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Multi-faith leaders from across the capital including Mayor of London Sadiq Khan freed the birds into a glorious blue sky as a horn sounded amid prayers for peace over the party weekend.
A community leader called for “peace in Notting Hill” and proclaimed “Grenfell reunited” as the doves flew off.
She said: “This is for Grenfell and everybody present at carnival.
“Everybody alive, dead, let’s all have a great time and in peace. Let’s release these doves in the name of peace. Let’s pray for peace in Notting Hill.
“Grenfell reunited. Amen.”
The two-day west London festival began on Sunday morning with prayers from multi-faith leaders.
Crowds were moved by a powerful performance of ‘Bridge Over Troubled Water’ by a singer dressed in “green for Grenfell” – one of the themes suggested for revellers attending this year’s event.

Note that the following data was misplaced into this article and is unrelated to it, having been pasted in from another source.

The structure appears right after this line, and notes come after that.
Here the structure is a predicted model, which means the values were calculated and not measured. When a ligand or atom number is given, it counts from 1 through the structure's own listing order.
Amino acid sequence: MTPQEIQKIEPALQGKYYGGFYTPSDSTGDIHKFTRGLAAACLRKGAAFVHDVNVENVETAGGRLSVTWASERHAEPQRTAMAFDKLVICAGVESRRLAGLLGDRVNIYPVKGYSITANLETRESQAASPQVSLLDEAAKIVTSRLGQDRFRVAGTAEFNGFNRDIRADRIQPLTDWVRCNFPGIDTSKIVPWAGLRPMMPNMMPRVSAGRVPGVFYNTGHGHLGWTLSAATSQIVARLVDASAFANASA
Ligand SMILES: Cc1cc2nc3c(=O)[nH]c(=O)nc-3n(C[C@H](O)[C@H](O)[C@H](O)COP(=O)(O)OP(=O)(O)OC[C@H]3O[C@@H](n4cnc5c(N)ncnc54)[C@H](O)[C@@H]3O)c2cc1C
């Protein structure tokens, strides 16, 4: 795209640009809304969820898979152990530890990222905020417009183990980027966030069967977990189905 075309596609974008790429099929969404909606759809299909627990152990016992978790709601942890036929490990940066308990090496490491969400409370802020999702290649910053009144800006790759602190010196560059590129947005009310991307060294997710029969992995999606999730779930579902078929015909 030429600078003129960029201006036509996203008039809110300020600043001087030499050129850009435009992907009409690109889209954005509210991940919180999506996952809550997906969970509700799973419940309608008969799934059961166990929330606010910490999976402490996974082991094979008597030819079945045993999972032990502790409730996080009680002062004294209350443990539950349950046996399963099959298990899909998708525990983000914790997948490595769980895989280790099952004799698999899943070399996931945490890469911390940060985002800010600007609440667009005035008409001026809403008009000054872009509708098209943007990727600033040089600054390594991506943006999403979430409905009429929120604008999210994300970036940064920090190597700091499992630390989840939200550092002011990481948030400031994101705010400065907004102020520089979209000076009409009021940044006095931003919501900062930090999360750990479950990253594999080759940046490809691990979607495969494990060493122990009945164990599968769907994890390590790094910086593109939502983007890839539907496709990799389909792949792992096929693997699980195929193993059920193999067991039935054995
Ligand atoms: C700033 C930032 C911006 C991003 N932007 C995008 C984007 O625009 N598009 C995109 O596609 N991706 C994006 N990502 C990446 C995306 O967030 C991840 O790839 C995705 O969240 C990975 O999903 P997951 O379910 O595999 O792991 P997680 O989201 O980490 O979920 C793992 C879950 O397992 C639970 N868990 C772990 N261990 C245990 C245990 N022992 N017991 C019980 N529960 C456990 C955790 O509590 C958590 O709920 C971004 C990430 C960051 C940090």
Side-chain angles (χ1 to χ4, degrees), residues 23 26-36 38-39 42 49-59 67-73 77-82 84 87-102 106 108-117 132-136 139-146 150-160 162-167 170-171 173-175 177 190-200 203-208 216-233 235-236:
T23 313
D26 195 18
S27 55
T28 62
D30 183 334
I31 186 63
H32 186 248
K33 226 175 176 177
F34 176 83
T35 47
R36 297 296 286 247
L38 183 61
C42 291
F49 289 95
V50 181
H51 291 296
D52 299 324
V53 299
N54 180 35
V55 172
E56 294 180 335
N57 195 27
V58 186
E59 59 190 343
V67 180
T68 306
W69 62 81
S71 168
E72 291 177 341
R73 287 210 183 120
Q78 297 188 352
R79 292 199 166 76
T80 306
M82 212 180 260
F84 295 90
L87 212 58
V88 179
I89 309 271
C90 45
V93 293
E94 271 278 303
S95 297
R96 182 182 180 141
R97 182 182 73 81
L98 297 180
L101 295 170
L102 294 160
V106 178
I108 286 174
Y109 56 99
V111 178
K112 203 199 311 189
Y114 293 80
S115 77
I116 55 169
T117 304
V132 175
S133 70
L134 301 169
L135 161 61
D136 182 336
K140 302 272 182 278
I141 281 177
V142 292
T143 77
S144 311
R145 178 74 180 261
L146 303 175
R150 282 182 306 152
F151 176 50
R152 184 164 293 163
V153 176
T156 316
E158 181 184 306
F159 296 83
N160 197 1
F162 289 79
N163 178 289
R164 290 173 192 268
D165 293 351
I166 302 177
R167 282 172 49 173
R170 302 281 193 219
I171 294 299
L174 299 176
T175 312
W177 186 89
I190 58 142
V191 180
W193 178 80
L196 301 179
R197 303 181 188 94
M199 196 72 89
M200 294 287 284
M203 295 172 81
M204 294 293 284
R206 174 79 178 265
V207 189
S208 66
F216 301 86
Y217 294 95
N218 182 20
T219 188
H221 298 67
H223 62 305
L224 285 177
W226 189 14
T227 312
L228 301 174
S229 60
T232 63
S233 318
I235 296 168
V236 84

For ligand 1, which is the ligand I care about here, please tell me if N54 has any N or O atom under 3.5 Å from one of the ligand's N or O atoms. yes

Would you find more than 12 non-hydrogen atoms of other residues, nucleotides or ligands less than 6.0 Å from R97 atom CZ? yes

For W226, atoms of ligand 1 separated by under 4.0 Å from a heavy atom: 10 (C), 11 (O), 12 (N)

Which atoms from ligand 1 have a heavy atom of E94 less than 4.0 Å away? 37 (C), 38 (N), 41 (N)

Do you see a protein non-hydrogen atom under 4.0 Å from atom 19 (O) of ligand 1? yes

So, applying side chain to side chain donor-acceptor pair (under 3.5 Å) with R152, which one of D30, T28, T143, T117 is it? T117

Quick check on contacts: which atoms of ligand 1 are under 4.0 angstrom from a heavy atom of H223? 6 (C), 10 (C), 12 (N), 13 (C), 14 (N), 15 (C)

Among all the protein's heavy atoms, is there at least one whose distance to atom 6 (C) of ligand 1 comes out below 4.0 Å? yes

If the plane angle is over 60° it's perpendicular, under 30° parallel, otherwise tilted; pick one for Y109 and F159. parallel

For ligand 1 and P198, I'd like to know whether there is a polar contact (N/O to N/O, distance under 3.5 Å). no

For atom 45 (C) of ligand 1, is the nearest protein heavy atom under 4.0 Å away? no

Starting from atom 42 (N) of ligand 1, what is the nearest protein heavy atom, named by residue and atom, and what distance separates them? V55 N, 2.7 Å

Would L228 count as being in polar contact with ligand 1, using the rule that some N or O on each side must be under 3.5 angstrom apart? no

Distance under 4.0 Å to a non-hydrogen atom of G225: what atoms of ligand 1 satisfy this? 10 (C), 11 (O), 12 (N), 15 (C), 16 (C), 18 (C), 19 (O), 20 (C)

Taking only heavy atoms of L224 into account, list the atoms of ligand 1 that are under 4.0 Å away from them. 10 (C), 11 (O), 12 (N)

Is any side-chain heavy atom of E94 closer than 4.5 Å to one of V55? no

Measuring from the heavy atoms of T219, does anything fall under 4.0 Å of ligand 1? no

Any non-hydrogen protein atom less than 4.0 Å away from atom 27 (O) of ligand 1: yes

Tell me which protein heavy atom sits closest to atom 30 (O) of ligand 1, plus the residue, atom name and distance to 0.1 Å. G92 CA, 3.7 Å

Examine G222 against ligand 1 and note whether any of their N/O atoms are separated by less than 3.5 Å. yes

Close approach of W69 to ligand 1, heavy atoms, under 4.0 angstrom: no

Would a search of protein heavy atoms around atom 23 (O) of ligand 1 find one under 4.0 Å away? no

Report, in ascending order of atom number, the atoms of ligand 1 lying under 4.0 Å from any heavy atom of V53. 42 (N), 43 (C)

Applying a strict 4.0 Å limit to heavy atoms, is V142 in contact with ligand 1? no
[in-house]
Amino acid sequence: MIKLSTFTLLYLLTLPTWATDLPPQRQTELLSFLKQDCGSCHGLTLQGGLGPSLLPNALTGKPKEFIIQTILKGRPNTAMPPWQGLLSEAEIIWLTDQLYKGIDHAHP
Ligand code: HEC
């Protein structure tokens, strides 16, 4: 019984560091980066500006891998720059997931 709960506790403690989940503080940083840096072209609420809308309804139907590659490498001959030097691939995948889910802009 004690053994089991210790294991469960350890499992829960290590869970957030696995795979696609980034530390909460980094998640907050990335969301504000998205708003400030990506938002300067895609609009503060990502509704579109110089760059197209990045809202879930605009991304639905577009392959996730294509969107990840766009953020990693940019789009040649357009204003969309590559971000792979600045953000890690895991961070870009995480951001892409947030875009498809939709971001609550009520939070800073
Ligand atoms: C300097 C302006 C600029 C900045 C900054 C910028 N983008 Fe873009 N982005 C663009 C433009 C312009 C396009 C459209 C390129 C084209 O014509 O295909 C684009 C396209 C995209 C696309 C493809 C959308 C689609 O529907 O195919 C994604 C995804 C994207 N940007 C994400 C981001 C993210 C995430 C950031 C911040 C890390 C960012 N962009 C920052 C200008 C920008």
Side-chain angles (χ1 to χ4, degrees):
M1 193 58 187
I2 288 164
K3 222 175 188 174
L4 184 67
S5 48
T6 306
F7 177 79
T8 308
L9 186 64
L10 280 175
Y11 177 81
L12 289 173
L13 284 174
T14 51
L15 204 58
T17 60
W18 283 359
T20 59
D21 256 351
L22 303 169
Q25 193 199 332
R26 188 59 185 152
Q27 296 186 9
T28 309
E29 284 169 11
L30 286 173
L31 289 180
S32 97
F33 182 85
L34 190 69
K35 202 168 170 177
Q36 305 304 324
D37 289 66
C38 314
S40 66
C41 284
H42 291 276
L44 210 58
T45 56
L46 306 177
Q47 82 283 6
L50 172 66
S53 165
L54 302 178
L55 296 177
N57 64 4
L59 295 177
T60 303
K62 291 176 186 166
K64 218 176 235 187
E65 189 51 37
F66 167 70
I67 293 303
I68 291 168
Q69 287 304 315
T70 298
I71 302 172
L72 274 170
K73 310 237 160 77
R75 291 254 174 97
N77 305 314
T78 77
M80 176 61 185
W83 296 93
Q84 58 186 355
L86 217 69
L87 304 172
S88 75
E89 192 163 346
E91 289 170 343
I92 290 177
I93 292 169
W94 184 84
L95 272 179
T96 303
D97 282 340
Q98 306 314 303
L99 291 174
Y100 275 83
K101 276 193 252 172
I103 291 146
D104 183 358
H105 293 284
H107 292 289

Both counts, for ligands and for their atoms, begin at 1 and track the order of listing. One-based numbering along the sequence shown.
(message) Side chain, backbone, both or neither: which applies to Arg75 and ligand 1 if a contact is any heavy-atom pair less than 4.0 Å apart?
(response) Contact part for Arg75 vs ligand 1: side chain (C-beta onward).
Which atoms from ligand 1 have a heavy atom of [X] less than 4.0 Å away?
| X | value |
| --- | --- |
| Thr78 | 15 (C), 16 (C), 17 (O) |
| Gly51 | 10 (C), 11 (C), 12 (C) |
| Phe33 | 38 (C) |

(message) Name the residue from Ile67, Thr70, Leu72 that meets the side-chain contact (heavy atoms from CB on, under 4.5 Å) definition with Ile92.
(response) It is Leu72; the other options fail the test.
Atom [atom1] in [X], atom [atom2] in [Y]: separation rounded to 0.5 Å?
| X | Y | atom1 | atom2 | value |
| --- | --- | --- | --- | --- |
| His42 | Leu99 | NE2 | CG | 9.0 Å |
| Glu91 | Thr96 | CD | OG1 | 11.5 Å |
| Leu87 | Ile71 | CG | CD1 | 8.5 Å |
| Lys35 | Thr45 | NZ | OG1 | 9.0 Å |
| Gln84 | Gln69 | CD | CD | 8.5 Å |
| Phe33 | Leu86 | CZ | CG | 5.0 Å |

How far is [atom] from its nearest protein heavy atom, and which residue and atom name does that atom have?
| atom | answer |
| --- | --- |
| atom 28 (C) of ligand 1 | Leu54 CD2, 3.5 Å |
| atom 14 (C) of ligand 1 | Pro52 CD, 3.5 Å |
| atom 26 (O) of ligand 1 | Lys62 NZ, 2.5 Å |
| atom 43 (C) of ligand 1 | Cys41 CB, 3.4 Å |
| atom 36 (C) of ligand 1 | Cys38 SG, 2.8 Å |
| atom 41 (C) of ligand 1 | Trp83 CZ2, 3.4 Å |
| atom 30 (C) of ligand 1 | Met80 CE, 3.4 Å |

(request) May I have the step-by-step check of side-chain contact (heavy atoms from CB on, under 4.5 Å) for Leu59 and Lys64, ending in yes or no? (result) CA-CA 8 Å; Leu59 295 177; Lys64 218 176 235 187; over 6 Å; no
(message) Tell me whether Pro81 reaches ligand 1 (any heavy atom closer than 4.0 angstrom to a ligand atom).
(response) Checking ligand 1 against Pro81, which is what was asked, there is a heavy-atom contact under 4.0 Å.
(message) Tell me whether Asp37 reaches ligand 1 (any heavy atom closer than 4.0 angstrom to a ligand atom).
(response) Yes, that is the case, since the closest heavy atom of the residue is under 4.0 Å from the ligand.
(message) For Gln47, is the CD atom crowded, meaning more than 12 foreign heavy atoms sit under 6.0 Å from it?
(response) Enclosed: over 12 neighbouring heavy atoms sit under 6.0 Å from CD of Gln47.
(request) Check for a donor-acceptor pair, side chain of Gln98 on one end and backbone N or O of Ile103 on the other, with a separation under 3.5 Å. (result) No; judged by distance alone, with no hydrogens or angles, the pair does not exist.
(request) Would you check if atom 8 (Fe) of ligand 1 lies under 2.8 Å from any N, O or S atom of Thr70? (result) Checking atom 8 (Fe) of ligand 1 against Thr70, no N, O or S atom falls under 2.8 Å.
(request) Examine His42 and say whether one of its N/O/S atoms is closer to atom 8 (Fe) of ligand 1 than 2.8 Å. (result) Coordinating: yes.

Many stood with their heads bowed, while others remarked on the “beautiful” and “poetic” rendition.
Community leaders said in the run up to the event, which is attended by millions every year, that it would provide an “opportunity to heal” for those affected by the devastating inferno.
Chair of the carnival trust Pepe Francis said he hoped the festivities would “lift the spirits of people”.
Asked how members of the Grenfell community he had spoken to felt about the event, he said: “They just want carnival to go ahead as normal.
“Obviously there’s varying views, some people feel it shouldn’t. But the majority feel it should, and it should be one of the best carnivals.
“I think, because of Grenfell, I would like to see carnival this year one of the most successful ones ever, because I think it will pay a lot of tribute to what a festival like this can do to ease the minds of the people (who are) the victims.”
Police officers will form a “ring of care” around the burnt out husk of the 24-storey building while a reflection zone will be set up near the blacked high rise.
Hundreds of hand-drawn tributes, candles and flowers will be protected by fencing while the NHS will provide “mental health first aid” for those affected.
Posters have been put up at spots where the tower can be seen, asking the public not to take photographs “at the site of our great loss” – an activity which has distressed locals.
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